It's cheaper to keep your employees happy than to recruit, onboard and train new ones
Many employers are starting to learn that employee retention is a better outcome in the long run instead of constantly having to screen and hire new job seekers.
After all, nearly 70 million Americans have quit their job over the past year, according to the U.S. Bureau of Labor Statistics. More than 4.4 million Americans quit their job in April, following similar amounts in March and February. The historic exodus is a result of the COVID-19 pandemic, which has prompted people to re-evaluate their priorities in life. Workers want higher salaries, better conditions, greater work/life balance and more opportunities to advance their career.
For obvious reasons, employee retention helps in cost reduction. Companies spend millions of dollars in finding, recruiting, onboarding, and training new hires yearly. Costs for advertising, interviewing, and training expenses can instead be used in improving other aspects of the business such as reskilling and upskilling current employees, better facilities, and more benefits to offer to the workforce.
An important part of high retention rates is to have a smooth and smart onboarding process. This is the first step of an employee’s journey with a company and the efforts to make them feel important and welcomed in the organization should start as early as then. It is during this stage that the new employee is forming opinions on the company and whether they would enjoy working for their employer in the long run.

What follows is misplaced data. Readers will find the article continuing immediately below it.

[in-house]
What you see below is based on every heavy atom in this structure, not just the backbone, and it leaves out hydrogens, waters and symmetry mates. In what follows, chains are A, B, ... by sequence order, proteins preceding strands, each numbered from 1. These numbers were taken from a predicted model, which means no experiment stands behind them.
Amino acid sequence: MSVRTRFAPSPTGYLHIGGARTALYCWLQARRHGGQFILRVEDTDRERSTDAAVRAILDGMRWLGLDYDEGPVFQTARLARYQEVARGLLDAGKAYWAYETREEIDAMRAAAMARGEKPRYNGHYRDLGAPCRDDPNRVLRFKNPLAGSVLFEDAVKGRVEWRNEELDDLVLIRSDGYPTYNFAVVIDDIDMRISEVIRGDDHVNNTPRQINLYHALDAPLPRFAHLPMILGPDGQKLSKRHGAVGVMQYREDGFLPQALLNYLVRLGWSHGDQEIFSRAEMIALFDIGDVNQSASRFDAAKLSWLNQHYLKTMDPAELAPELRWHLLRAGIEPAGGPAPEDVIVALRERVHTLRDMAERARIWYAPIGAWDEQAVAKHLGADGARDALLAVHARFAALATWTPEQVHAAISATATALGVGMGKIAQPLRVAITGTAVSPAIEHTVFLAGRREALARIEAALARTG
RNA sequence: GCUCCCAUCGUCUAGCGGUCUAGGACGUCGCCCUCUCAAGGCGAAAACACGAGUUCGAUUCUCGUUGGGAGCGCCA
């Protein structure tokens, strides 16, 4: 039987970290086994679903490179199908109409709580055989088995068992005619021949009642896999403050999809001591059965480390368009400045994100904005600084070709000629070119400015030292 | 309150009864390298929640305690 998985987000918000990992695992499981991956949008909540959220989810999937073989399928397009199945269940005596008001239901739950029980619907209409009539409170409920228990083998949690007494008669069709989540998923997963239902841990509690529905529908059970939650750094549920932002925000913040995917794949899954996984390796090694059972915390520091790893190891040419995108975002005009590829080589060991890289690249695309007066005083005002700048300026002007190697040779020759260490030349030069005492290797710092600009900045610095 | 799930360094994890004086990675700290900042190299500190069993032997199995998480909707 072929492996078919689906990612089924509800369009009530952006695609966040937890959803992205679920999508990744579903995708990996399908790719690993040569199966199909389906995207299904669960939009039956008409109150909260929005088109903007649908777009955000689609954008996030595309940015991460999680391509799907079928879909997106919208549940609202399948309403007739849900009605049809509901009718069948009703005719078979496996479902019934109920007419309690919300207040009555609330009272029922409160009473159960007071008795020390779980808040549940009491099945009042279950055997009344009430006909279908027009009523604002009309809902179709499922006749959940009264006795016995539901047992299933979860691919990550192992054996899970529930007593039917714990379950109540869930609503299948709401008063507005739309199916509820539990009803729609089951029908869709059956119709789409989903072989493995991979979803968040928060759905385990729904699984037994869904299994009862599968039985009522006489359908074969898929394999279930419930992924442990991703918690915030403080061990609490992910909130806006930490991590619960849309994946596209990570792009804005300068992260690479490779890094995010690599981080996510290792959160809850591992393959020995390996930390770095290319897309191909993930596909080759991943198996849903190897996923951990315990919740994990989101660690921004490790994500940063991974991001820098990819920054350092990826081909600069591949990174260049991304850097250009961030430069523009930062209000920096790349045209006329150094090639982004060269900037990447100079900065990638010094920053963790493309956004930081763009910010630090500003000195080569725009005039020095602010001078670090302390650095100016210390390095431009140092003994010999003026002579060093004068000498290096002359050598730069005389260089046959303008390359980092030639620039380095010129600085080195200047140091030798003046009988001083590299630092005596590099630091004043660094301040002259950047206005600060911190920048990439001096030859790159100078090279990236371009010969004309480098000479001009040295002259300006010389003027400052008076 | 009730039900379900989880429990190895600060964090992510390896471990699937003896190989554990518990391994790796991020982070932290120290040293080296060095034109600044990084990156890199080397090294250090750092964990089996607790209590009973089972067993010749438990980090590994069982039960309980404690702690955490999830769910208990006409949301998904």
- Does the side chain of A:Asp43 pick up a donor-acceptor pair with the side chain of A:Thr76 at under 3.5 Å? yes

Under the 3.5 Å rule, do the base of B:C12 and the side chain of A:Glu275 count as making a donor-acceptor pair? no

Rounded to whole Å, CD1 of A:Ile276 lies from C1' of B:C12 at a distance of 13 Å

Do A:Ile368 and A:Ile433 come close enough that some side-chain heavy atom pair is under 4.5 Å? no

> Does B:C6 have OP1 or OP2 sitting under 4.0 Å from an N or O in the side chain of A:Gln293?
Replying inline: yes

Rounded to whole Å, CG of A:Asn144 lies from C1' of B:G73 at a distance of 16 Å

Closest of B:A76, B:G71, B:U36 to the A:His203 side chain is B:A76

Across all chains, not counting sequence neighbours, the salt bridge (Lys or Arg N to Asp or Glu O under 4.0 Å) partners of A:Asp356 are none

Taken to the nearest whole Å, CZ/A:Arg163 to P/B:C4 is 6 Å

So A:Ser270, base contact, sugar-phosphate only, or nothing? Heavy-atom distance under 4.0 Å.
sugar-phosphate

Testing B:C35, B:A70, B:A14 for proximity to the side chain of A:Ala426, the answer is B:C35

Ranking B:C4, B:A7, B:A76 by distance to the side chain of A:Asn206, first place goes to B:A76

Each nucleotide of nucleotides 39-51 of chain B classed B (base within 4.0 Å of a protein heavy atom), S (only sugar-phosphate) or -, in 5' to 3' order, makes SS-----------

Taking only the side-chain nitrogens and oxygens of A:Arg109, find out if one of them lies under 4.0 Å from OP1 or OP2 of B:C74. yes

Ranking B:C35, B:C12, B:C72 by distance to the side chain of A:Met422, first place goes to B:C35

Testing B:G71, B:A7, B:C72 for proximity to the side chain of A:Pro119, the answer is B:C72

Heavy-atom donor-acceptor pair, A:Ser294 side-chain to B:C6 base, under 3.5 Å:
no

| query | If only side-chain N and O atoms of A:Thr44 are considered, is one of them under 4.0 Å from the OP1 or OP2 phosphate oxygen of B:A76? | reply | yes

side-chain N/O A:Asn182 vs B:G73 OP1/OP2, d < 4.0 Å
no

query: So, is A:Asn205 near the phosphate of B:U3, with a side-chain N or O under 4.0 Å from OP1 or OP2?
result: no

The onboarding process is a great way to not only teach new employees about their role, but to also immerse them in the company culture and create connections with co-workers. Providing a clear set of goals for them during their time as an employee assures them that the company wants to grow with them over time – which increases their satisfaction with the company.
Having a constant turnover of employees can negatively affect the morale and engagement of the workforce. Employees who stay with the company constantly lose work connections which could see them shouldering more work and responsibilities – leading to possible burnouts and lower productivity rates.
This then leads to lower output quality, poor customer loyalty, and a decrease in company profit. When employees feel uncared for and continually see their colleagues leave for better offers, it pushes them even more to follow suit in quitting which could be the possible reason why a company will fail.
For 11 other creative, yet effective strategies to retain employees, click here.